Santa in November

by Sean Dietrich
Sean of the South

It’s November, but Mike is already getting the red velveteen suit from the closet. Because Christmas is getting closer, and Saint Nicholas has work to do. Namely, his dry cleaning.

The first time they ever asked Mike to play Santa, he was hurt by the suggestion. Sure, he’s a bigger guy, but he didn’t see himself as having a “bowlful of jelly” tummy. Still, when someone asks you to play Father Christmas, they aren’t exactly asking you to pose for a Calvin Klein underwear ad.

“Yeah, I’ve always been overweight, but I was a little offended,” said Mike.

He played Santa anyway, and he had big fun. It came easy to him because he’s a nice guy with a cheerful face. He looks like the real deal. Over the years he’s grown into his role.

“My first professional gig was at PetSmart, in a cheap Party City suit, posing with animals. The ferrets were a hoot. But 15 minutes before I was done, I saw this woman in line holding plastic boxes. Snakes, it had to be snakes.”

After that, the Santa gigs kept rolling in. Soon, it had become more than just a job. Mike realized he was tending to the wonder and imaginations of children.

Many people might not see the role of Santa as that important, but just think about it: Where would your childhood have been without the Big Guy? It would have been in the pits, that’s where.

The magic of youth is easily extinguished by a stiff breeze. It is only kept alive by men and women who guard it with their lives. Every time a Santa puts on his suit, he is defending innocence. And every year he hears the same things all practicing Saints hear:

“My dog died.”

“My mom has cancer. I’m scared.”

“Can you bring back my dad from Heaven?”

“Will foster parents ever want to adopt me?”

And Mike always responds by wearing the rosy face of a veritable fairytale hero. He touches their hair and tells them, “Santa loves you.” And when appropriate, he tells them, “Santa is praying for you.”

Last year, a coworker asked if Mike would do a home visit for his infant daughter. Mike agreed, and on one chilly day he showed up in full red-and-white regalia for the visit.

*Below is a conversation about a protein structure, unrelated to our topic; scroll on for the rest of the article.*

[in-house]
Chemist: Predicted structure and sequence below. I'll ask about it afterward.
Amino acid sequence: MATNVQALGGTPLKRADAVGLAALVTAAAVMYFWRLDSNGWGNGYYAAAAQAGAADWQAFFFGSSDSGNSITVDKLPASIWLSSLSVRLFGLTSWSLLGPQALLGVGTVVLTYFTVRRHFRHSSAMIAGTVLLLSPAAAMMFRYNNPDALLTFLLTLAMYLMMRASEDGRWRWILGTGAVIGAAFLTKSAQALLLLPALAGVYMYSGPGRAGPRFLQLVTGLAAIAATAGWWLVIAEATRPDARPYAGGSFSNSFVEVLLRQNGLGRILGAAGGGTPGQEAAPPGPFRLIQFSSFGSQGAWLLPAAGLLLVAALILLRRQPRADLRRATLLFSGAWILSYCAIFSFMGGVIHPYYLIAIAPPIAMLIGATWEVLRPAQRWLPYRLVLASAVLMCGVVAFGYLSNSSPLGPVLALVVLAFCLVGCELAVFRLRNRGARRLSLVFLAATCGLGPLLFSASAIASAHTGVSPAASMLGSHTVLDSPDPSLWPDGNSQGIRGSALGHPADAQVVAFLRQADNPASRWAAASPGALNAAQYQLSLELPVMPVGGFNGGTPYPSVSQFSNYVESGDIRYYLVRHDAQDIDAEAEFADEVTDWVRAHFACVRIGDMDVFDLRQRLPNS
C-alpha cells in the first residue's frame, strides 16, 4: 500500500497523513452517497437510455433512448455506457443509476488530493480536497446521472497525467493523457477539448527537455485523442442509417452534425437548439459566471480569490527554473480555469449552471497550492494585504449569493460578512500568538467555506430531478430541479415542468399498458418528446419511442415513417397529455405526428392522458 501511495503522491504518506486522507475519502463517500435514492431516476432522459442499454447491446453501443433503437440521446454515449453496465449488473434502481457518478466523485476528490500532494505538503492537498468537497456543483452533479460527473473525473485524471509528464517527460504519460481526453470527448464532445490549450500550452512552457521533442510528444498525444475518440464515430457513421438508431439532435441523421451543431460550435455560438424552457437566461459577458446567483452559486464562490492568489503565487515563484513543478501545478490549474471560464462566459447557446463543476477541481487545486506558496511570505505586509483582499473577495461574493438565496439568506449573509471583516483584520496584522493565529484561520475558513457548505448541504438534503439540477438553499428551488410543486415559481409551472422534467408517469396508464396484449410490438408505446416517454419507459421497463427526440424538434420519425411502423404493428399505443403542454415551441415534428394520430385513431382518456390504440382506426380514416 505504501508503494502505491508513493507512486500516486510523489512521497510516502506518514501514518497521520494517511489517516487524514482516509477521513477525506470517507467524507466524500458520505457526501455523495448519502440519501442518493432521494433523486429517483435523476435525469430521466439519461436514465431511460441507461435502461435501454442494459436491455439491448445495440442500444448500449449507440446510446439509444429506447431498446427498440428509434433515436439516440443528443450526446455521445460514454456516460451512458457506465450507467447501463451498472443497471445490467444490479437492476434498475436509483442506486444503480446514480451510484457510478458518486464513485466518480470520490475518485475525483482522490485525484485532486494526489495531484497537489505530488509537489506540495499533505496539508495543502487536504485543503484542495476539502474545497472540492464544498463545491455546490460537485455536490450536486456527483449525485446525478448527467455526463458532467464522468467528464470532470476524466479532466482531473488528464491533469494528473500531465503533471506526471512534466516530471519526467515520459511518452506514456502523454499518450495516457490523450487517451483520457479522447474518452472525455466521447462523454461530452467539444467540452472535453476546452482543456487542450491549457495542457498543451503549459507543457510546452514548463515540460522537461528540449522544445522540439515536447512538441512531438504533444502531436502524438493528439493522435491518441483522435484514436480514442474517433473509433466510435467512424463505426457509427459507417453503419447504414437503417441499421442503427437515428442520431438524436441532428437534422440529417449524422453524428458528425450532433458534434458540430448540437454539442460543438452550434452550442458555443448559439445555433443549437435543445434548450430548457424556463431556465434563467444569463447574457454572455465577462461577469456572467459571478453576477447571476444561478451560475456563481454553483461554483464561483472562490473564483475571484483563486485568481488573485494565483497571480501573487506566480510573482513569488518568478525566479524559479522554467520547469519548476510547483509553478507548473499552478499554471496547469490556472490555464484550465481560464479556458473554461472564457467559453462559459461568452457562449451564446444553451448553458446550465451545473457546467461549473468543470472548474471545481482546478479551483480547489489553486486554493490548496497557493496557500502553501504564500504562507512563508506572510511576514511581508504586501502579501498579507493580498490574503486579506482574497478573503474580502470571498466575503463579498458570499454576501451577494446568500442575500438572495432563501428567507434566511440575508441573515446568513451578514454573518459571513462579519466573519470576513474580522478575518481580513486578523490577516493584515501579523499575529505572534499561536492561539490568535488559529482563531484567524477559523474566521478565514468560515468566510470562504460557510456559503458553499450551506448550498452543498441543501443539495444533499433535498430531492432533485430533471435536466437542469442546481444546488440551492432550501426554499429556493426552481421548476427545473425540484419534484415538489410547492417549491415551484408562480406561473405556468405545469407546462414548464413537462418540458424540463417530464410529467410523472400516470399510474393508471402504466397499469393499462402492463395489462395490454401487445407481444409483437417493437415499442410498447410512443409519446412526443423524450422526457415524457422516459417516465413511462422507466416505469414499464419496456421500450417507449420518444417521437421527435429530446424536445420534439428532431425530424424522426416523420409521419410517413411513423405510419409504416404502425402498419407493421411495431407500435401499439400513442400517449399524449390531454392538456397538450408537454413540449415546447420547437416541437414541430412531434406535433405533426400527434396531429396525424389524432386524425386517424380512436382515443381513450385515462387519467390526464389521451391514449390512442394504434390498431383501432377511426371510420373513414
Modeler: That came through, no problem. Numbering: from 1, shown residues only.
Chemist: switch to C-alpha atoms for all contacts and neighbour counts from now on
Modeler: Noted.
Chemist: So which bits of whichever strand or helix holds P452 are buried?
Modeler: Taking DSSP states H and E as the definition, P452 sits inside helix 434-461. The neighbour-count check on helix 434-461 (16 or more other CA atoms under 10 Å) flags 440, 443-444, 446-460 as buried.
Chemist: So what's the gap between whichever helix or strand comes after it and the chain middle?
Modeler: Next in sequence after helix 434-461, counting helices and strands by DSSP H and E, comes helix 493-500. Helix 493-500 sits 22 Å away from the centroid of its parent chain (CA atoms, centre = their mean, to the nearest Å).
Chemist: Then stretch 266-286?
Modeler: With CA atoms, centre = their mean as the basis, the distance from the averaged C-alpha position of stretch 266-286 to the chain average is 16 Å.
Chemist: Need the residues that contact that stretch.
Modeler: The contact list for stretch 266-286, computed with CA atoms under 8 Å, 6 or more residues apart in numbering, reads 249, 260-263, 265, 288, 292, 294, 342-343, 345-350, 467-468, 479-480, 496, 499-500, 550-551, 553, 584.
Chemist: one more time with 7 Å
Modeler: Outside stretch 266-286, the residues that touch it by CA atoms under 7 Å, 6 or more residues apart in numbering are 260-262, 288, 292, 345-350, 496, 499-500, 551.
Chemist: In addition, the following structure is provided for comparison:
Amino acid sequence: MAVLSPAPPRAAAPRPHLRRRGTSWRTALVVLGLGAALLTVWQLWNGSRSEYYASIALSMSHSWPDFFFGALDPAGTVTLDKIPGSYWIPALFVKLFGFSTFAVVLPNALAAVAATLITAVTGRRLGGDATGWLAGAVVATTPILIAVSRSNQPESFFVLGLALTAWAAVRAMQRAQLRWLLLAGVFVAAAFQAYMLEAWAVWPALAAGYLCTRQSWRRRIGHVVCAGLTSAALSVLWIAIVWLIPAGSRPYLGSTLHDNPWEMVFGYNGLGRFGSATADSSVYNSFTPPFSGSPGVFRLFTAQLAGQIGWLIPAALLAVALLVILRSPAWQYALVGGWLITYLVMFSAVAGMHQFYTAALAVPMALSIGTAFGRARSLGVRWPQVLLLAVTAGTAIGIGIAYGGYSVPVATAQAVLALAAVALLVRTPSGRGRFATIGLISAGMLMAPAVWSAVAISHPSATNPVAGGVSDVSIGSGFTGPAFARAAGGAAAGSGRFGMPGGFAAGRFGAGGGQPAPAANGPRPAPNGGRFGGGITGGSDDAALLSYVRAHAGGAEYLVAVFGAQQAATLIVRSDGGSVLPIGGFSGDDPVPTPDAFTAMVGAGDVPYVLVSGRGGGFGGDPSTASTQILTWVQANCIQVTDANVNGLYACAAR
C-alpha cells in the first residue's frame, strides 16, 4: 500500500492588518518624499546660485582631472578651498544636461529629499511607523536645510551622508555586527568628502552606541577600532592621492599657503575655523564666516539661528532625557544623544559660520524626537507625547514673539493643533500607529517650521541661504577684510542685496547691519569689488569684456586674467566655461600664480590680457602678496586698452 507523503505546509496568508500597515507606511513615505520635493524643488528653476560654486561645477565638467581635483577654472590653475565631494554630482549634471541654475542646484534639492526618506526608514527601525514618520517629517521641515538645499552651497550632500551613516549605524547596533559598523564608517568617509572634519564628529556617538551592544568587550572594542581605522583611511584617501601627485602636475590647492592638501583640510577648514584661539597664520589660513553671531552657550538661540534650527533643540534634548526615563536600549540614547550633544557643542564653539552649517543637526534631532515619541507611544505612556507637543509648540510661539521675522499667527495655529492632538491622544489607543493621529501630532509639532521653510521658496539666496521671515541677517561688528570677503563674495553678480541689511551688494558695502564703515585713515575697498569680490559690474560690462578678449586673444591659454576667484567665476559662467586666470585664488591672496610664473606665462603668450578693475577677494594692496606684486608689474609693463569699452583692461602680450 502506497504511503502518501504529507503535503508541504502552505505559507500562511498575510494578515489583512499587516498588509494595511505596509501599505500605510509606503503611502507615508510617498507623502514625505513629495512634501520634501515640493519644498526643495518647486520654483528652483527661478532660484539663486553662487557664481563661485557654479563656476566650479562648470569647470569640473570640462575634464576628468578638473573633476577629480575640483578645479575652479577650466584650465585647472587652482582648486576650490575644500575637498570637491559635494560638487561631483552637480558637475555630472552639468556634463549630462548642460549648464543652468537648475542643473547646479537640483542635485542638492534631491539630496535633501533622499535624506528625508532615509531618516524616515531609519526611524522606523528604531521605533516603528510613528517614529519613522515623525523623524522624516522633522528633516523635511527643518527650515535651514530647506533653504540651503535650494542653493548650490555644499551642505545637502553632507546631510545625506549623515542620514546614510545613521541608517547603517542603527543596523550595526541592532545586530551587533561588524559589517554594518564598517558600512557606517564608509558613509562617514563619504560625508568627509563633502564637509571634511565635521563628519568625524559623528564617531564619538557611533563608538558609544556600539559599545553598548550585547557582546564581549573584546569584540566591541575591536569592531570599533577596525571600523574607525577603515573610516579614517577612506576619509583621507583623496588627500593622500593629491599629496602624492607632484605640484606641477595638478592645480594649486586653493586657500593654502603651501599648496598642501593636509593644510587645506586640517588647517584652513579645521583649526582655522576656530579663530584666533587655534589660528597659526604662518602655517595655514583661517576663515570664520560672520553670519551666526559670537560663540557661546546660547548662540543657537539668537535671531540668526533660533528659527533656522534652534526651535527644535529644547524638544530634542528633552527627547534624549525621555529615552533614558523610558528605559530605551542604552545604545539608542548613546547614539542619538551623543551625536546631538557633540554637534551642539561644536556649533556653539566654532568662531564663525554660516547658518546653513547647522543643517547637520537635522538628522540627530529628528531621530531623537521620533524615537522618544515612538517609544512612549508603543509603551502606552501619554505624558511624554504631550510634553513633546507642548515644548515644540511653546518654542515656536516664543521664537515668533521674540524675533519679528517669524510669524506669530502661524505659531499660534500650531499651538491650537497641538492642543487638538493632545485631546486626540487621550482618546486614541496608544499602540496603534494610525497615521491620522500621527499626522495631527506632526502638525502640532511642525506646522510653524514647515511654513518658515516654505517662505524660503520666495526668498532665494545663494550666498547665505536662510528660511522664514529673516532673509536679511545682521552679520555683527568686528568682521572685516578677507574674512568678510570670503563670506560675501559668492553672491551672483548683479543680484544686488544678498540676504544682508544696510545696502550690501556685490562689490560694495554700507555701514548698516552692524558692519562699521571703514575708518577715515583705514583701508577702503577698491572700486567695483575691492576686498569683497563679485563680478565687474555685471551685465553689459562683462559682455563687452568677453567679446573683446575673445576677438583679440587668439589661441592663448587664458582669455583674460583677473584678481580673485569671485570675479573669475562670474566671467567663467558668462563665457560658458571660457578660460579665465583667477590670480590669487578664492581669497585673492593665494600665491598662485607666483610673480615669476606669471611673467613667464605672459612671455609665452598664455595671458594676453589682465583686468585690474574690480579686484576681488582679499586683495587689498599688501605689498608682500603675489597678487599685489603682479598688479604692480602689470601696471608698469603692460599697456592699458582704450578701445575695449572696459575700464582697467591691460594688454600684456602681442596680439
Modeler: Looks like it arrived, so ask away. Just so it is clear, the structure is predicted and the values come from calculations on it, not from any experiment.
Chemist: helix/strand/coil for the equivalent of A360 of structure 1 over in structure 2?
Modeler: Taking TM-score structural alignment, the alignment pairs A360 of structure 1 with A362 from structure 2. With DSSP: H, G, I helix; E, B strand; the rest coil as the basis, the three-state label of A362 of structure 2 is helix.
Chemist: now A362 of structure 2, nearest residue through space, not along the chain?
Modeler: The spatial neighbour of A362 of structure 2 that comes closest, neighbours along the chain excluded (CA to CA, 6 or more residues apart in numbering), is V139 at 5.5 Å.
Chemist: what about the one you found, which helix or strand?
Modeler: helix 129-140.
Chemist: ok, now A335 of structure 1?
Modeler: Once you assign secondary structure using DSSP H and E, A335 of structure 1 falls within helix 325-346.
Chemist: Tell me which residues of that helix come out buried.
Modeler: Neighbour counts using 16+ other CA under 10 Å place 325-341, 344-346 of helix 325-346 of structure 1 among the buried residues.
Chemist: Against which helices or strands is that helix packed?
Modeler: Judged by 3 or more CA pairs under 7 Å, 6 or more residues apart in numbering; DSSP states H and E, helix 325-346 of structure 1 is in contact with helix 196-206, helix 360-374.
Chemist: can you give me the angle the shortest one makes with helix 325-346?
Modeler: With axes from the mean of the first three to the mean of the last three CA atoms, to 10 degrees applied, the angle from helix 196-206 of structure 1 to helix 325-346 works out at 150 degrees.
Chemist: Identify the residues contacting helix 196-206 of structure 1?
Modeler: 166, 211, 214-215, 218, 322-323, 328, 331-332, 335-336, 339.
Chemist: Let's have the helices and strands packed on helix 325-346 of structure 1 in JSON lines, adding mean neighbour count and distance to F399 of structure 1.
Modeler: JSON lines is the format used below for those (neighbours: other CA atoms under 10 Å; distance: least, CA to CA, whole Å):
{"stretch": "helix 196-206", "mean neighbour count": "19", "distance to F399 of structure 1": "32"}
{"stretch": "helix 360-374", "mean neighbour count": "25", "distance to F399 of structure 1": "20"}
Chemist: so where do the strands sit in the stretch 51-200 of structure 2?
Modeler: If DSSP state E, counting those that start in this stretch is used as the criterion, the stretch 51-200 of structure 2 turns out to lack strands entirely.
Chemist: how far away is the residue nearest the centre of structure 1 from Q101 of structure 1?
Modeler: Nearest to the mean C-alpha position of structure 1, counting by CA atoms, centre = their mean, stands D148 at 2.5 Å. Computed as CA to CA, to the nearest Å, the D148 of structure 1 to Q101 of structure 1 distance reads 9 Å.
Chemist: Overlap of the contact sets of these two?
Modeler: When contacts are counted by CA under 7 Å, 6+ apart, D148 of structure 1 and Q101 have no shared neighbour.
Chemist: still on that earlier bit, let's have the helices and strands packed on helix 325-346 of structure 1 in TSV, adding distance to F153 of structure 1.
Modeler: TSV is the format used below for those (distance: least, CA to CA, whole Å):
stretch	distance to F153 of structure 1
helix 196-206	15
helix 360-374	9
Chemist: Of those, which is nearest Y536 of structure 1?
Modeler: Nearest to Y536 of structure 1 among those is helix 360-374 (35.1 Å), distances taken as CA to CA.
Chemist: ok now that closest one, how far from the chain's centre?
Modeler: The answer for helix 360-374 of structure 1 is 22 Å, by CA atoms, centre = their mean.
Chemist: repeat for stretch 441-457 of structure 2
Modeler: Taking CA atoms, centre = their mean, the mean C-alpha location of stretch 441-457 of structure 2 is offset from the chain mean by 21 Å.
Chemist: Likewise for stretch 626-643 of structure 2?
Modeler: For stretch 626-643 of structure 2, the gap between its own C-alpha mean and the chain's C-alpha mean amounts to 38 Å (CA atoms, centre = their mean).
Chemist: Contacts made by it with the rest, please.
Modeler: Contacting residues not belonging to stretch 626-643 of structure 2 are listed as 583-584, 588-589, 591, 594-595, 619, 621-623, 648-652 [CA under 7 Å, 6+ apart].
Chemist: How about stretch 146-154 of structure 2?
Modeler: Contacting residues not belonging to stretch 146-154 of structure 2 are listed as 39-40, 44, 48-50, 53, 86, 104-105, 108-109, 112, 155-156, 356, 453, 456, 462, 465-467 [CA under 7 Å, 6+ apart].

“They couldn’t take her off her medical equipment,” said Mike.

The child was only a few minutes old. She had a tracheotomy and was attached to oxygen. Mike looked at the baby, so pink and small. She couldn’t make a sound; her anatomy wasn’t strong enough. But Mike could see her tiny facial expressions and convulsions whenever she tried to cry.

“It was hard,” he said.

But then, this is simply the kind of thing Santas do.

You might not notice these men unless it’s December, but believe me, they’re out there. And right now, they’re gearing up for a tricky holiday season now that Covid has come to town.

Mike belongs to a huge fraternity of Santas, with members from Oregon to Virginia. From Australia to Israel. All shapes. All colors. All creeds. And all with the same hellacious dry-cleaning bill.

The group’s main discussion this year is, of course, how to keep Christmas special during a pandemic. Because lots of shopping malls, department stores, and amusement parks are rethinking the role of Santa. And by “rethinking” I mean “cancelling.”

Some stores already don’t foresee any scenarios where kids will be sitting on Santa’s lap. Parades are being canned. Parties are being scrubbed. And we’re not even within spitting distance of Thanksgiving yet.

Not to mention that about 20 million people are unemployed after COVID, and one out of every four adults admits to having trouble paying bills since the pandemic. It’s shaping up to be a hard candy Christmas for a lot of children.

But this has not thwarted the regimen of men in crimson and arctic white. This is not the first pandemic Saint Nicholas has endured, and it won’t be his last. No matter how hard things become, you cannot kill a 1,749-year-old Jolly Elf.

Thousands of Santas across the globe are reimagining new, creative ways to bring Christmas to kids this year.

“I’ll be at a local mall,” said Mike. “I’ll be riding around in a train and stopping at various locations. Kids will be six feet away, but we’ll be able to do pictures.”

Other Santas will be doing personal appearances on front lawns, porches, and in parking lots. Even more will be doing video calls. A company named Jingle Ring is catering to military families with virtual Santa sessions for deployed parents. The idea is simple: on a family’s monitor screen will be kids, active-duty parents, and Mister Kringle himself.

As I write this, troops of Santas are gathering twice per week to train on high-tech video equipment for the upcoming onslaught of Christmas video calls. If you can just imagine the milk and cookies being consumed at these things.

“It’s fascinating,” says Mike, “to see a hundred or so Santas and Mrs. Clauses working so hard. I’ve been very inspired by these guys who really see being Santa as their mission in life.”

Because, of course, it is their mission. For within all this world there is nothing so real and abiding as Santa Claus. Thank God, he lives, and lives forever. A thousand years from now; ten times ten thousand years from now. He lives despite war, famine, sadness, and in the throes of a sweeping pandemic. May he continue to make glad the heart of childhood.

God bless you, Santa. And God bless your dry cleaner.

Sean Dietrich is a columnist, novelist, and podcast host, known for his commentary on life in the American South. His work has appeared in Newsweek, Southern Living, Garden and Gun, and numerous other local, regional, and national publications. Read more of his columns at


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